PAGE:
The union flag waves in Belfast today, to celebrate the 31st birthday of the Duchess of Cambridge.

Republicans – who, for the better half of a century, have been fighting to sever their ties to the British crown – are not pleased.

But loyalists too claim to be under siege. Last month, Belfast’s city council voted to reduce the number of days that the union flag would fly at city hall: from everyday, to just 18 designated days. That move inspired a typically Northern Irish response: parades, petrol bombs, dozens of police officers injured, and over 100 arrests made.

Each side claims that the recent unrest is sign of bolstered support for its cause.

Belfast riots

In September, I traveled to Belfast for Maclean’s to report on an uptick in sectarian strife. Again: protests, brick-throwing, injured cops, middle-aged fathers in jail.


Arriving at grad school, I was tickled to find that Brits sum up Northern Ireland’s decades of tangled internecine battling in a simple title: ‘The Troubles.’

What do you study?

Ah, I do The Troubles.

But beyond my vague understanding that Protestants and Catholics had long fought – and that their fighting had ended in a  ceasefire – I didn’t know much about The Troubles. And I certainly new little about how Northern Ireland functions (and doesn’t) today.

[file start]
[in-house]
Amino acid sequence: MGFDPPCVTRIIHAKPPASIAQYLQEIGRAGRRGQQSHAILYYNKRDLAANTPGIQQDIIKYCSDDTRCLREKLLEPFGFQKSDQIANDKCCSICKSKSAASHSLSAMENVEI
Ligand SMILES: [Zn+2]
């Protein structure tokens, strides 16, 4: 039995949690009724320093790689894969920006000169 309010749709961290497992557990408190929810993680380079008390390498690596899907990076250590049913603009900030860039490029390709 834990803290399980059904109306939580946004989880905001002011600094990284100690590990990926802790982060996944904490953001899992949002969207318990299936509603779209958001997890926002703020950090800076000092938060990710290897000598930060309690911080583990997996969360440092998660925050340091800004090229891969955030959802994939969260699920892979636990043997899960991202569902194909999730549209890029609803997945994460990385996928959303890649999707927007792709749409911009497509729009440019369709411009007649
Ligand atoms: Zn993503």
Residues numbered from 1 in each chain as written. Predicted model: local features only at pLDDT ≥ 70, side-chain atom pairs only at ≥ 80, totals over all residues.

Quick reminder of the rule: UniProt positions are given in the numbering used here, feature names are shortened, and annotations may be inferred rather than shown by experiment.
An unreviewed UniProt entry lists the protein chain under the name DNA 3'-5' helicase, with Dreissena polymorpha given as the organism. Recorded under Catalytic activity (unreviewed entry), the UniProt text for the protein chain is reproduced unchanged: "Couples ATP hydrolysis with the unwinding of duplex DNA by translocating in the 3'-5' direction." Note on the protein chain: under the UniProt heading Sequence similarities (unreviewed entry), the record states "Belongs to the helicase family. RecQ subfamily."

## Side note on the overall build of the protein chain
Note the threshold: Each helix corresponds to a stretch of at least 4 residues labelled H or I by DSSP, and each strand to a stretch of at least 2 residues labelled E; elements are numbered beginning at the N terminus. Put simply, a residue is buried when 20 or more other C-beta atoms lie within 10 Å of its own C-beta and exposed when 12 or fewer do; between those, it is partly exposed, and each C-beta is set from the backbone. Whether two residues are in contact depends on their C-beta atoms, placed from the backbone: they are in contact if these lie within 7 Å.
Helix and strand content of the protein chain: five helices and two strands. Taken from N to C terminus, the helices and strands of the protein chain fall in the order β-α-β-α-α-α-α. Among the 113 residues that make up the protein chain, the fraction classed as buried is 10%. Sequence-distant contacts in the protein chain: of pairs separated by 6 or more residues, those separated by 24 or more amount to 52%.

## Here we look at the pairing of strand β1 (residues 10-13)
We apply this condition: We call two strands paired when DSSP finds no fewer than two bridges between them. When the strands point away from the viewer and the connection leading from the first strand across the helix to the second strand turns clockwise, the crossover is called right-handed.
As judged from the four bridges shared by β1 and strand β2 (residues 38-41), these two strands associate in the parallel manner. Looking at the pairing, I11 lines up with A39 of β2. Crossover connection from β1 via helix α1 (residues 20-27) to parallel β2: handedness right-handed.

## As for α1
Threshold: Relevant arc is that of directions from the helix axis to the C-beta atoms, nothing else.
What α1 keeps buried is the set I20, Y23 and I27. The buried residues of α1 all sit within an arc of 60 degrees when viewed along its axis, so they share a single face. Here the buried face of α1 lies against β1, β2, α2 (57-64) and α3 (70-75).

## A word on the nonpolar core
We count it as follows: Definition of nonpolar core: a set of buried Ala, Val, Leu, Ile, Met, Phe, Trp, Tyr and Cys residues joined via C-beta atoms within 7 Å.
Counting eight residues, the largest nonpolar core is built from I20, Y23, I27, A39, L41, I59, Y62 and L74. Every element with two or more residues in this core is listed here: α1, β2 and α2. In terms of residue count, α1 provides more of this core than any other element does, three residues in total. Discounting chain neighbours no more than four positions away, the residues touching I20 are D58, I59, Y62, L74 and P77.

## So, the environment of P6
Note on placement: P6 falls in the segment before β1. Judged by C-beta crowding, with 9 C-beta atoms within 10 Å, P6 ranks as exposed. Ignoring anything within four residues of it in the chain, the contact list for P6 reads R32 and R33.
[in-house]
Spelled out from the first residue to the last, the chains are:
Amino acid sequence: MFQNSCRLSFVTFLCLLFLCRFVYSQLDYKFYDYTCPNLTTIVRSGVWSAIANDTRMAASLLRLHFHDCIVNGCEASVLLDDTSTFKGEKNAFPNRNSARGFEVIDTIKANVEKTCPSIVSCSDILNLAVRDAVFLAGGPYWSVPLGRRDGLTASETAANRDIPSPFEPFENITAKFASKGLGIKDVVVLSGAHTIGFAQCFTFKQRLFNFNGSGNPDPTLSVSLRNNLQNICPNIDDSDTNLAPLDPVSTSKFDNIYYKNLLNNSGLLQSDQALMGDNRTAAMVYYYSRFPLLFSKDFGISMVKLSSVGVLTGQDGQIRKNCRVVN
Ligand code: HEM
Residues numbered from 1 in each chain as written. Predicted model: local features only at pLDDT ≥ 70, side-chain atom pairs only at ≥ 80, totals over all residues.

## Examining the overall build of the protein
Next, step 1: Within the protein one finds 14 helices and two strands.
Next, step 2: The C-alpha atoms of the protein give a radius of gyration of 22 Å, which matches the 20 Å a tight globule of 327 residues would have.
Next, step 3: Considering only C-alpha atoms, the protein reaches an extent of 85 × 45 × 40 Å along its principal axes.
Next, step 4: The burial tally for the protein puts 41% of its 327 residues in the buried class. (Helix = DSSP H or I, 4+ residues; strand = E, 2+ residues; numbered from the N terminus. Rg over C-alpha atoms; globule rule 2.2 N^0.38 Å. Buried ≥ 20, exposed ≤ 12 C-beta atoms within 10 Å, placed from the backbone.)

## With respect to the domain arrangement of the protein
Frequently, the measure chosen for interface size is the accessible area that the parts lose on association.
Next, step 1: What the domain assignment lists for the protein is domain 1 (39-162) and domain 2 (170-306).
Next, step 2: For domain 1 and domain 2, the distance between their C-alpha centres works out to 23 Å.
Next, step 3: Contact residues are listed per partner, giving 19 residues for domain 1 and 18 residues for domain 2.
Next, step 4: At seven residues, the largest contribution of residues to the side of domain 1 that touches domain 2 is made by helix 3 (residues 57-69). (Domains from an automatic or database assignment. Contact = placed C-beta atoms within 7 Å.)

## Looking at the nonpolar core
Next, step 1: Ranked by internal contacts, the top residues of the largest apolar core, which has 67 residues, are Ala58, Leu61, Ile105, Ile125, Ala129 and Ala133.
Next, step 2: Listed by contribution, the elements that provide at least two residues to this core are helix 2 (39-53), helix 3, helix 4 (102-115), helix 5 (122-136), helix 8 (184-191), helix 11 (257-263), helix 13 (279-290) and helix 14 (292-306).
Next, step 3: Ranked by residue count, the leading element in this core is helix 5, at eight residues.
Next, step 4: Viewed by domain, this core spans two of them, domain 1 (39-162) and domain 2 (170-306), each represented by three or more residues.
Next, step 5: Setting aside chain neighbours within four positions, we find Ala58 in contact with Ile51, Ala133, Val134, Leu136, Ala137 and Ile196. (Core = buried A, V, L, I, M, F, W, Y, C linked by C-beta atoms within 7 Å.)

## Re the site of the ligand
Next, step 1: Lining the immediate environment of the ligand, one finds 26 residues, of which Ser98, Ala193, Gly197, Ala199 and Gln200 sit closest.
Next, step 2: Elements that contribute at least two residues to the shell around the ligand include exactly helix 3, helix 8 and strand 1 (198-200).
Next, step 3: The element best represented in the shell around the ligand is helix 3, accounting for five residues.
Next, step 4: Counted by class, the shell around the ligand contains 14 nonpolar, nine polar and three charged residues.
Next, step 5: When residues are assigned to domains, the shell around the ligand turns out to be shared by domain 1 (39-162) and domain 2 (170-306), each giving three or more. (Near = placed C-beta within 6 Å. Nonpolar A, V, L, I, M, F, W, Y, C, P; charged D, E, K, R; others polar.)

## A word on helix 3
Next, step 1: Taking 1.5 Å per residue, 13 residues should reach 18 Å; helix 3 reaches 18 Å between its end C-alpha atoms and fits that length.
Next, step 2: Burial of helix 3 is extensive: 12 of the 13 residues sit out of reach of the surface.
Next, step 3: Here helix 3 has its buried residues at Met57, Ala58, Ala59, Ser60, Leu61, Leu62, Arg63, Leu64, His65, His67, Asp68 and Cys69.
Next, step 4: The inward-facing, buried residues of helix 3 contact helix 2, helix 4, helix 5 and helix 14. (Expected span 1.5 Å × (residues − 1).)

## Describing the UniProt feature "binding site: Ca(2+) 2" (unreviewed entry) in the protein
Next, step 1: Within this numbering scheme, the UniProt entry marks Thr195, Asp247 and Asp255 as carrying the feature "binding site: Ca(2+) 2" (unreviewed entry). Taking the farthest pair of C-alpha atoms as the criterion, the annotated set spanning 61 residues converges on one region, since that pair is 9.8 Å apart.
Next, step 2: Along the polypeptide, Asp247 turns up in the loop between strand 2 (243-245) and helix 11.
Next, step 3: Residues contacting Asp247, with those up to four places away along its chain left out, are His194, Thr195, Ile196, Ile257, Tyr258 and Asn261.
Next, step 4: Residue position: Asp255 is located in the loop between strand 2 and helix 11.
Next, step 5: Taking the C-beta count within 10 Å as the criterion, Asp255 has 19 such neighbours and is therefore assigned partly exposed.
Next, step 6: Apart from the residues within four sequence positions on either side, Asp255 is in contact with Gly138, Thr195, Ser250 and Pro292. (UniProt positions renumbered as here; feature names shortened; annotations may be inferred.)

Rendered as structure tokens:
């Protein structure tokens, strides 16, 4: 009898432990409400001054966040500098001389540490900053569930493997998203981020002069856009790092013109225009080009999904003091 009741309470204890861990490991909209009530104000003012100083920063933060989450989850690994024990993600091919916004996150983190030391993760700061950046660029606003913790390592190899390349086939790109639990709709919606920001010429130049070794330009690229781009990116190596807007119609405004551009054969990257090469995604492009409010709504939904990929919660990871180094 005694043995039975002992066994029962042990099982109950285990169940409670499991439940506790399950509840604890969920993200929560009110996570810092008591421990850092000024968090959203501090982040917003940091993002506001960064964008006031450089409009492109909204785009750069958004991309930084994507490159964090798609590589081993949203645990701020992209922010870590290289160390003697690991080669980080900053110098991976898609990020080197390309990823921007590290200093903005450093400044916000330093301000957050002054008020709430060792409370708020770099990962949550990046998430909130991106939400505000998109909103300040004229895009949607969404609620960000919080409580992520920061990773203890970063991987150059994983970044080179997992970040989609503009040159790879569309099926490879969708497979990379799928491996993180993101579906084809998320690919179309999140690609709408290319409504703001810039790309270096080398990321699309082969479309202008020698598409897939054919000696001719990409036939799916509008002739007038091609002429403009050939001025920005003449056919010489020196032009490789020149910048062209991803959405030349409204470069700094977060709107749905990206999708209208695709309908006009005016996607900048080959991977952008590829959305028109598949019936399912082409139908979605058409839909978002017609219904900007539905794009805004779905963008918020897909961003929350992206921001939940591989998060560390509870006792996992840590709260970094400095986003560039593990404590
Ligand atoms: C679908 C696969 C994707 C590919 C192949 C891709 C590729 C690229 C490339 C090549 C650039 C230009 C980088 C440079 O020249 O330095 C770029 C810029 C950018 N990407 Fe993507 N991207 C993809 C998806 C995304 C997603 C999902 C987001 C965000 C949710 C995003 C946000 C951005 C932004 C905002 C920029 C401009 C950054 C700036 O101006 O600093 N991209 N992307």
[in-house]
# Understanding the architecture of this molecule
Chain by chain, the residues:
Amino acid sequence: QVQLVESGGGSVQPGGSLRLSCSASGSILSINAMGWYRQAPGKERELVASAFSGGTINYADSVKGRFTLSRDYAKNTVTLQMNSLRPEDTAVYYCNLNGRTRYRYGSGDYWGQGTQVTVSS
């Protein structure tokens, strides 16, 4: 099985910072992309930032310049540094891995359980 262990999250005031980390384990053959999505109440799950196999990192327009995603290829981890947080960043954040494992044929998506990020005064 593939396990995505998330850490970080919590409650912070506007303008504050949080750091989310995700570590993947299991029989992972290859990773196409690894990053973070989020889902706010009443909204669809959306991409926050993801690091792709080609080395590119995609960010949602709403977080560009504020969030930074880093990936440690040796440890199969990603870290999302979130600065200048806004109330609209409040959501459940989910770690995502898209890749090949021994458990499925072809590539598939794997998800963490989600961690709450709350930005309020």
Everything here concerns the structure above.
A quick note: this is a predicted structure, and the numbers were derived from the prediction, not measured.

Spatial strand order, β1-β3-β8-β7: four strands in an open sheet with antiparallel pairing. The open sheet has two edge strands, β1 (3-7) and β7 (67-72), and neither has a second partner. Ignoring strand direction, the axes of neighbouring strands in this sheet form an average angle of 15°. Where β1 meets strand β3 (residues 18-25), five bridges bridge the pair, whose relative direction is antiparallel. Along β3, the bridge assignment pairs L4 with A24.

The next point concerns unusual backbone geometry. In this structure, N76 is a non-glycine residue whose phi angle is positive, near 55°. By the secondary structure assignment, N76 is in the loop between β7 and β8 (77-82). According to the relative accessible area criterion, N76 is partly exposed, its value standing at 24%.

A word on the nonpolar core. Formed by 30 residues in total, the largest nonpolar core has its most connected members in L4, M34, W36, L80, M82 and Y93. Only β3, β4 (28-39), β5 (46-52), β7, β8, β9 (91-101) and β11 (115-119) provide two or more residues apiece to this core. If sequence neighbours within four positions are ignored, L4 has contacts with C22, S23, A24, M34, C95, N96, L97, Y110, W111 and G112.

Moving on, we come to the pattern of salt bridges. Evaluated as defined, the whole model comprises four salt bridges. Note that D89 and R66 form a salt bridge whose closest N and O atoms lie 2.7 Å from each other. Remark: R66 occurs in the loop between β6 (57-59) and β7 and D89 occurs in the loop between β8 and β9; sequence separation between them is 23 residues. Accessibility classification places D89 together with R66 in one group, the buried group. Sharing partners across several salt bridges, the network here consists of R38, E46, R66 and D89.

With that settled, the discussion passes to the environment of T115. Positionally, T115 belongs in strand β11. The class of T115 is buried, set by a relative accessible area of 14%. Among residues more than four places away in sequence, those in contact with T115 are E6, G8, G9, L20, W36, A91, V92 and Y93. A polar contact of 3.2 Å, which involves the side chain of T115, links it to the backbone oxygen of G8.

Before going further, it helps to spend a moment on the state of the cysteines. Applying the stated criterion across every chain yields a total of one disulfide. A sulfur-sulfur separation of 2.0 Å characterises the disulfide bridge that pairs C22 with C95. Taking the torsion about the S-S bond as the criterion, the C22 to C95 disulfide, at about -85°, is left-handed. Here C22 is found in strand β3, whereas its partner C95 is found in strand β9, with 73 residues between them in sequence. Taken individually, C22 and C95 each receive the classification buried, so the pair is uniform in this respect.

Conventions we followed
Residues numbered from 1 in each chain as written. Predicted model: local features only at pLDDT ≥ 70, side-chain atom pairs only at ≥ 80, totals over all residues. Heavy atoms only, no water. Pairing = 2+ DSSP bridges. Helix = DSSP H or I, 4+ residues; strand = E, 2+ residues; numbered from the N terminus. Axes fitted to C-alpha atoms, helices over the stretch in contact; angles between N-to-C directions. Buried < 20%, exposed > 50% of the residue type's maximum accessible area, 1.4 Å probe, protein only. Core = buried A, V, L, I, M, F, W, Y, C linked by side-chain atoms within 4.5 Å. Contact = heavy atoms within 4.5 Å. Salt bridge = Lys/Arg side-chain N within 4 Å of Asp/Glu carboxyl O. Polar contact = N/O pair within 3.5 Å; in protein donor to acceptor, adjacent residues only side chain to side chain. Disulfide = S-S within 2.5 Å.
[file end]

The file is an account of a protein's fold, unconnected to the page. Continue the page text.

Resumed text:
My piece from September paints a portrait of today’s Belfast. And it might help explain this kerfuffle over the Duchess’s anniversaire.

That notion—that the country’s Troubles have not quite passed—is hard to get away from here. Though almost 15 years have passed since the last ceasefire agreements were signed, Northern Ireland’s peace remains an uneasy one. Geographically, Belfast is even more segregated than it was in the 1960s. Woven through the city’s patchwork of religious enclaves are almost 100 “peace walls”: hulking stone barriers that separate Protestant and Catholic neighbourhoods. Over 90 per cent of public housing is segregated, and the vast majority of Northern Irish children are educated in segregated schools, leading some academics to speak of a self-imposed national “apartheid.” As Northern Ireland sinks deep into recession, its government spends over $2 billion annually on duplicate social services—one system for Protestants, one for Catholics.